This Ain’t Your Grandma’s Oatmeal
Berkshire native Alana Chernila, local politician, mother of two, and author of the new cookbook, The Homemade Pantry: 101 Foods You Can Stop Buying & Start Making (Clarkson Potter), dispenses change and cooking ideas to readers and friends. She shares her peak-of-the-season recipes with Rural Intelligence to help us make the most of what’s growing in our region. Her first cookbook has achieved top-seller status, and Chernila has just announced that she has a new one in the works: Meals from the Homemade Pantry (Clarkson Potter), due out in 2014.
Have I told you the story about how when I sent my book proposal for The Homemade Pantry to my agent, I also sent granola?
Scour the internet (as we tend to do when looking for direction on big, life-changing things that have no guidebook), and the rules on how to send a book proposal are very clear. First, don’t send it. Write an email, and wait for a polite request. Second, don’t ever use gimmicks, or wrap things up in a special way. And third, don’t EVER send food.
Well we sent it. And not only that, but Joey and I bought a cereal box, deconstructed it, silkscreened it, and put the proposal inside. How’s that for a gimmick? Tuck a bag of granola in there (which of course, we did) and you have broken every rule. Moral of the story? Don’t always listen to the internet.
That was 2009, and it was pretty much the same recipe I make now. I made the granola for every editor who might have considered buying the manuscript, for every TV and radio station who might have featured the book, and for anyone else who might need a bag. Over the last few years, I have made hundreds and hundreds of pounds of granola, all the same recipe. And it’s still the granola I make for us here every week. I’m not even sick of it. I trust this granola, and it hasn’t let me down yet.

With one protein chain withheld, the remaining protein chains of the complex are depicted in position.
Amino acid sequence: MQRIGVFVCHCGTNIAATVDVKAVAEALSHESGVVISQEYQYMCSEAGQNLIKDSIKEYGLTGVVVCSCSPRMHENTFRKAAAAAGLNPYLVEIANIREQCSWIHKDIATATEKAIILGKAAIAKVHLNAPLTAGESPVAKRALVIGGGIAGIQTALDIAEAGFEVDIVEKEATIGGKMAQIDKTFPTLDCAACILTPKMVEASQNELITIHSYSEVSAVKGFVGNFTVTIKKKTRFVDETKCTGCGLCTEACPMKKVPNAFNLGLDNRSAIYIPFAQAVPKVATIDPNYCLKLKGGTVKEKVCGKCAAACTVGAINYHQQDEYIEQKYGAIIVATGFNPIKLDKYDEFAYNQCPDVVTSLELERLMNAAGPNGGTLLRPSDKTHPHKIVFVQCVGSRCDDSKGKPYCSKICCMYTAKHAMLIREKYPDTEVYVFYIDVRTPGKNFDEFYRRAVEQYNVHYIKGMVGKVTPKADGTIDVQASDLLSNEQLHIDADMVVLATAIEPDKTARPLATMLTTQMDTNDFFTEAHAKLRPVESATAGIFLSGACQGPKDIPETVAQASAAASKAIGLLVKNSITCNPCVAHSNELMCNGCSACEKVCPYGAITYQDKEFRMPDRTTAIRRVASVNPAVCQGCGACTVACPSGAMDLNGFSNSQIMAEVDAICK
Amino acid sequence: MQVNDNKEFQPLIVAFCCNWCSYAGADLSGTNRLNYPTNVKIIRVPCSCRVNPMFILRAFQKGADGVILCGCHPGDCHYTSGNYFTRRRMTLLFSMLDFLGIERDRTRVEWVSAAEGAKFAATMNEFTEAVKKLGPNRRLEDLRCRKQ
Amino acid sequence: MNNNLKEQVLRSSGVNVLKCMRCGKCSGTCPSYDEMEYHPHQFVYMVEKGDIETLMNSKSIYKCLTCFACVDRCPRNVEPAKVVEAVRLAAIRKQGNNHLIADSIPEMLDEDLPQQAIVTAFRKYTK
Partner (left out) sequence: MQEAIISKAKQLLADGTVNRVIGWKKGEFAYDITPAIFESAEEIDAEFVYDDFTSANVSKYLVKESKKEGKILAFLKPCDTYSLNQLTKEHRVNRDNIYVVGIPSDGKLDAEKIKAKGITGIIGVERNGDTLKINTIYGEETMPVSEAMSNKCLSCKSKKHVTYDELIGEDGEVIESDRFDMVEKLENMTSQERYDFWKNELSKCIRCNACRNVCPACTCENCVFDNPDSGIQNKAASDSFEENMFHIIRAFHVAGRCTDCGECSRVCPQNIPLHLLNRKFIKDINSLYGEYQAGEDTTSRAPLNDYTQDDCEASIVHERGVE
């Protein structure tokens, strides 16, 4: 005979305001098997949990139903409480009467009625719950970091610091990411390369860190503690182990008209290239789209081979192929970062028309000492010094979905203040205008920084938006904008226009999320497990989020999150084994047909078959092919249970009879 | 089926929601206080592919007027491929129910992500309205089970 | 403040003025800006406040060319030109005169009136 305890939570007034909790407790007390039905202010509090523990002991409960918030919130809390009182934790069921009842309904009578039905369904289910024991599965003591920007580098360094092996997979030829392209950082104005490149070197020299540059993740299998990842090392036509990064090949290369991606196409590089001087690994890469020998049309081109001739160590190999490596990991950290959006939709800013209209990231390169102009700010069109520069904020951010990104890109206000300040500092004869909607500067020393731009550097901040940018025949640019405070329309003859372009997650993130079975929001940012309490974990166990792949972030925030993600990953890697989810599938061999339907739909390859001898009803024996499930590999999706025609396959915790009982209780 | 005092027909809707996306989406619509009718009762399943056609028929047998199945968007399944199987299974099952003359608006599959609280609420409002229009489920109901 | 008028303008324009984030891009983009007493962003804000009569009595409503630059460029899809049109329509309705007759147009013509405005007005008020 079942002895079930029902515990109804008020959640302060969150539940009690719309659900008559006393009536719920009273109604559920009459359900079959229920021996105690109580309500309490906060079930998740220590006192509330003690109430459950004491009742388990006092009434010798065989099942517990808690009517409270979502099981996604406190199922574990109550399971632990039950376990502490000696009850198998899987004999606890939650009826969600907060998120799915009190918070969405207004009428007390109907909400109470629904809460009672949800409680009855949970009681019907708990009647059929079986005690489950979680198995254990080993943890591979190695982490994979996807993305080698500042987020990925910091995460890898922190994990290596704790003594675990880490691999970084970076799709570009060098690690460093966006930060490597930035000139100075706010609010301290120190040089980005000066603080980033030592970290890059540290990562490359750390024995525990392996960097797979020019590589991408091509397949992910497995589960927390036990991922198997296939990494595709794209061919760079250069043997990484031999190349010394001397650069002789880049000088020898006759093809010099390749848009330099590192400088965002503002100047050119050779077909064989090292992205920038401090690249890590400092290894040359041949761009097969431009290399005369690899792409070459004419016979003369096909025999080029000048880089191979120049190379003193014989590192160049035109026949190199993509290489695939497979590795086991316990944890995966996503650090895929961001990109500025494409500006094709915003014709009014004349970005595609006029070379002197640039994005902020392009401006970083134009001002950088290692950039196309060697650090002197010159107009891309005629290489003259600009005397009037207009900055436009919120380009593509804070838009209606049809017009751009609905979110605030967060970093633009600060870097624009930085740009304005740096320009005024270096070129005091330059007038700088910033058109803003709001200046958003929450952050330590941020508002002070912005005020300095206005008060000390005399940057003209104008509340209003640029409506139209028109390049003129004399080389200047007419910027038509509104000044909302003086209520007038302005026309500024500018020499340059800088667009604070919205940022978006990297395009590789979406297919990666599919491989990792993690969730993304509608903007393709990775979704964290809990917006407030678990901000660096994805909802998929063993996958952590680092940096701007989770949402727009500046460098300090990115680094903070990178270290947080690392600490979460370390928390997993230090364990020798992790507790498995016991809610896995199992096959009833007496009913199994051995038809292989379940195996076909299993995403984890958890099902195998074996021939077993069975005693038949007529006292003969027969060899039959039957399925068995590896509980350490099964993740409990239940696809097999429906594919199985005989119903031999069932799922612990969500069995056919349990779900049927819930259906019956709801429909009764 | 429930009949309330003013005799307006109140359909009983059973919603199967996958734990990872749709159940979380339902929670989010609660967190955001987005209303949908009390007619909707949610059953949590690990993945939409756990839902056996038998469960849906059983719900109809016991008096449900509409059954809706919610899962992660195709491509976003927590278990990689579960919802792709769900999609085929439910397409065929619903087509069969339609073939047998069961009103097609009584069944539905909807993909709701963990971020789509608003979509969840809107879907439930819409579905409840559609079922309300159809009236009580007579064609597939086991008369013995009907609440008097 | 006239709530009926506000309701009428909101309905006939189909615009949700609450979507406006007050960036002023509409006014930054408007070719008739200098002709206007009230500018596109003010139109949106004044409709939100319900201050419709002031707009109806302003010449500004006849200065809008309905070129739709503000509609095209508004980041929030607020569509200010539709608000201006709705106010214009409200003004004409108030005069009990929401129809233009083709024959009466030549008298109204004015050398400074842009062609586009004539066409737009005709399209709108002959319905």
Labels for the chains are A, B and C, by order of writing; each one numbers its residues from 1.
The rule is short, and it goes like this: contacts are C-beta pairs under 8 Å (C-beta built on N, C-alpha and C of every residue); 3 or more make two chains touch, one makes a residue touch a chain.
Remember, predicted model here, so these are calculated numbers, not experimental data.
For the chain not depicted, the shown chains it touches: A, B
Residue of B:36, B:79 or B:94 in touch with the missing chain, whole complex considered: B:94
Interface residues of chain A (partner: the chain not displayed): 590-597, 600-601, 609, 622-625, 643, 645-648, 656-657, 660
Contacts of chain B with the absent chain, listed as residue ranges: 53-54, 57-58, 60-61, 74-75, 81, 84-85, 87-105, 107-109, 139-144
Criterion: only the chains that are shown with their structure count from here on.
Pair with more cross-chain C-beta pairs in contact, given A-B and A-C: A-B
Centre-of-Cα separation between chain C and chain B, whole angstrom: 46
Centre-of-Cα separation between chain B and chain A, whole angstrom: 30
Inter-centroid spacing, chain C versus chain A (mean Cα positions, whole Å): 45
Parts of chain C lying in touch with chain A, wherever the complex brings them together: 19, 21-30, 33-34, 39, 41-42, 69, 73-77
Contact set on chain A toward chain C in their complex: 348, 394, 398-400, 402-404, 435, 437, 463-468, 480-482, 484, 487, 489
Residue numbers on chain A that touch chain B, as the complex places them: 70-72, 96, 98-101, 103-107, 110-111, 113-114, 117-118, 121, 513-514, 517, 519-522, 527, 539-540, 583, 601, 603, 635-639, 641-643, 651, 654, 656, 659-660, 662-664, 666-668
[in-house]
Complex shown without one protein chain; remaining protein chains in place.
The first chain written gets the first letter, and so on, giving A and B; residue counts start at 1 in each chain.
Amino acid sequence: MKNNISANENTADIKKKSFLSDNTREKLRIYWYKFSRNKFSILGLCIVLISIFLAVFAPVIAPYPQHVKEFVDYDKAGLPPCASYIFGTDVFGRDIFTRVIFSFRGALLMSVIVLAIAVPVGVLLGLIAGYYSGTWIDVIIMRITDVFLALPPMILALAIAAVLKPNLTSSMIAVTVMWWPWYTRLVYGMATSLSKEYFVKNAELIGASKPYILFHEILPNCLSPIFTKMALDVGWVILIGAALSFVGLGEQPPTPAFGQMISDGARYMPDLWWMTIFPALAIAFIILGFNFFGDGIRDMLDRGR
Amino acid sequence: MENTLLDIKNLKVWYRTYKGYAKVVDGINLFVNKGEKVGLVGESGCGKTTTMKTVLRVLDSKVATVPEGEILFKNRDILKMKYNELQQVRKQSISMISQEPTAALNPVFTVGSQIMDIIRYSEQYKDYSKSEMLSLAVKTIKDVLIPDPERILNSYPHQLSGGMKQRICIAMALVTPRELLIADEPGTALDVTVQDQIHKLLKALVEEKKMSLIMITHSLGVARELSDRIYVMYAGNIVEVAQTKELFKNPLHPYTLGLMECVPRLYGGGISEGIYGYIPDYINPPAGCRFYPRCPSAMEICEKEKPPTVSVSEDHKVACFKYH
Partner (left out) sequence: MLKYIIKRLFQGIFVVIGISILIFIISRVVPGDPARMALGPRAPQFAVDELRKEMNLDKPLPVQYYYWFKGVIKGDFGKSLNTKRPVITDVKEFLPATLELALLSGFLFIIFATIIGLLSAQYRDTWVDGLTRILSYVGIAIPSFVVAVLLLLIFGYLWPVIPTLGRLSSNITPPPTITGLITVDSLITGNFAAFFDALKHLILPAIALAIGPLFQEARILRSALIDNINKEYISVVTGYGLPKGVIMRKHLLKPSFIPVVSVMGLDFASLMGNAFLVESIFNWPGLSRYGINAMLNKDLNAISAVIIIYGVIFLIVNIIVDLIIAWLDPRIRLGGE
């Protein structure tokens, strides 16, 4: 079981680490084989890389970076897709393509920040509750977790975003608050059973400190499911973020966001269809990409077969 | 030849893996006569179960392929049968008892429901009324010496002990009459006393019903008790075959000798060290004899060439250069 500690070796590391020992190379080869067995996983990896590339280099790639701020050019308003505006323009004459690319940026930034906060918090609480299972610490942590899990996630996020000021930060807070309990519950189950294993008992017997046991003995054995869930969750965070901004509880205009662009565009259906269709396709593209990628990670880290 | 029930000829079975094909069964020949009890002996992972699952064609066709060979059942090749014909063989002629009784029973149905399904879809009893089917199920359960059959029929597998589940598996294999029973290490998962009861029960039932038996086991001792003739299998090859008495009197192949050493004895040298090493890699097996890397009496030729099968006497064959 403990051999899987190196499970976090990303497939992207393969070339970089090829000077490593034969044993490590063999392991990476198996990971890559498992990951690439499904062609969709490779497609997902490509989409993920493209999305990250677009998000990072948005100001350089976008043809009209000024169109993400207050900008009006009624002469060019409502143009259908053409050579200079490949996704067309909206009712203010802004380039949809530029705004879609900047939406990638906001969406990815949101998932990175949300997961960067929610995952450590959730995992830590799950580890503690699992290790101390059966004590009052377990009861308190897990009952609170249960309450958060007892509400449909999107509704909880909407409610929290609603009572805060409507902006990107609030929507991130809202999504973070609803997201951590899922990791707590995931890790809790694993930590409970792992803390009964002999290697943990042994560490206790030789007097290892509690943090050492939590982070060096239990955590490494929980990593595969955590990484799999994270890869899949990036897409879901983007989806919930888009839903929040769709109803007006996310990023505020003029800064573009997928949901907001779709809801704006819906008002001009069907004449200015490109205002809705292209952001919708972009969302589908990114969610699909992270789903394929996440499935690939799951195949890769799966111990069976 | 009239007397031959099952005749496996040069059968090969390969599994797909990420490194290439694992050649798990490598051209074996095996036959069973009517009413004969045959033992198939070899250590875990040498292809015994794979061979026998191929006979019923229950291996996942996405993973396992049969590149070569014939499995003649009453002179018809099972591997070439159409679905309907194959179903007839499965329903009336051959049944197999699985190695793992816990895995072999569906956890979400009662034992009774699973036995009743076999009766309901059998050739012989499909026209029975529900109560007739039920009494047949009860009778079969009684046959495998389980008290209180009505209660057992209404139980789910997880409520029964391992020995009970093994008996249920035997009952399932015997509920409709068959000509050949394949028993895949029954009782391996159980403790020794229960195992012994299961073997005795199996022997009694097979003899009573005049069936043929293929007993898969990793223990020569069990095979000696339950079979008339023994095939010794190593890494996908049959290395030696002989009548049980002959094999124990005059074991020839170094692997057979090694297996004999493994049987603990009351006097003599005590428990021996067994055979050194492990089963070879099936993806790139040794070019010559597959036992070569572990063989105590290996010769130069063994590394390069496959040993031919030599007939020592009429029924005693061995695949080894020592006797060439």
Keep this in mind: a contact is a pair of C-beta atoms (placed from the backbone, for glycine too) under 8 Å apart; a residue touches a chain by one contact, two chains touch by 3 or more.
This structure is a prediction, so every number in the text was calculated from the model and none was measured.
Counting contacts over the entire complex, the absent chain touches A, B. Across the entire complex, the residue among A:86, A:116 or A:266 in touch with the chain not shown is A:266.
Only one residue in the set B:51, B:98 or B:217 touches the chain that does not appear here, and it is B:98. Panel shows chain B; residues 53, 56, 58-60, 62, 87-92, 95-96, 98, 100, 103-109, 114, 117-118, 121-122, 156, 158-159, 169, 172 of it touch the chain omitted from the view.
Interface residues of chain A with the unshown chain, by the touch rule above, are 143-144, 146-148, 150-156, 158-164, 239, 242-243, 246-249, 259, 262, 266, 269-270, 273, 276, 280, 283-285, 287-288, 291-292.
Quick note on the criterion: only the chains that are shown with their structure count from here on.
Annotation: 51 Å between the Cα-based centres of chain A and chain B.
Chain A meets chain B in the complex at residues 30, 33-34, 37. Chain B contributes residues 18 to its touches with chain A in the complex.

But last week, I started tasting something new in my imagination. I’m not even sure where it came from, but there it was, and after a few tries, here it is. I don’t think this is THE new granola–it certainly won’t replace the old standby. But it certainly is A new granola, and what can I say? Sometimes change sneaks up on you.
This granola is lighter and softer than what I usually make, and I’m just loving that. It’s still got a good crunch to it, but because there’s so much orange juice involved, the oats get saturated in a nice muesli sort of way. It’s also all seeds and no nuts, so I can send it to school with Joey and the girls to their nut-free school.
A few notes on ingredients and process here. This granola has cocoa nibs, which I know are a little pricey and can be difficult to find. A little goes a long way, and a bag lasts a while for me (and then there are all sorts of delicious things to do with them). But feel free to leave them out if they’re not on your shelf. Also, many of you responded to my first baking post with questions about your convection oven. We’ll talk about it soon, but in the mean time, the best way to prepare for the conversation is to use it! Convection is great for granola, so if you’ve got the setting, try it out. I’ll give baking times for both methods.
Orange Cocoa Nib Granola
Makes about 8 1/2 cups
6 cups rolled oats
1 cup pepitas (pumpkin seeds)
1/2 cup flax seeds
1/2 cup sunflower seeds
1/4 cup cocoa nibs
1/2 teaspoon ground cinnamon
1/2 teaspoon ground cardamom
1/2 teaspoon salt
1 tablespoon orange zest (from about 2 unsprayed oranges)
2/3 cup fresh orange juice (from those very same 2 oranges)
1/2 cup maple syrup
1/2 cup packed brown sugar
2/3 cup olive oil
1. If you’re using convection, preheat the oven to 275 degrees. If you’re using the regular setting, preheat to 300 degrees. Line 2 rimmed baking sheets with parchment paper.
2. In a large mixing bowl, combine the oats, pepitas, flax seeds, sunflower seeds, cocoa nibs, cinnamon, cardamom, and salt.
3. In a medium bowl or measuring cup, combine the orange zest, juice, maple syrup, brown sugar, and olive oil. Whisk until the mixture is well combined.
4. Pour the wet mixture over the dry, and stir until all the oats are wet. Divide evenly between the two trays, and spread in a thin layer on each tray. In a convection oven, bake for 40 minutes, giving the trays a little shuffle with a spatula after 20 minutes. In a regular oven, bake for 60 minutes, giving the trays a little shuffle with a spatula AND switching the positions of the trays after 30 minutes. Allow to cool, and store in an airtight jar for 2 weeks (or in the freezer for much longer).
Reprinted with permission from Eatingfromthegroundup.com. All text and photos copyright 2008-13 by Alana Chernila.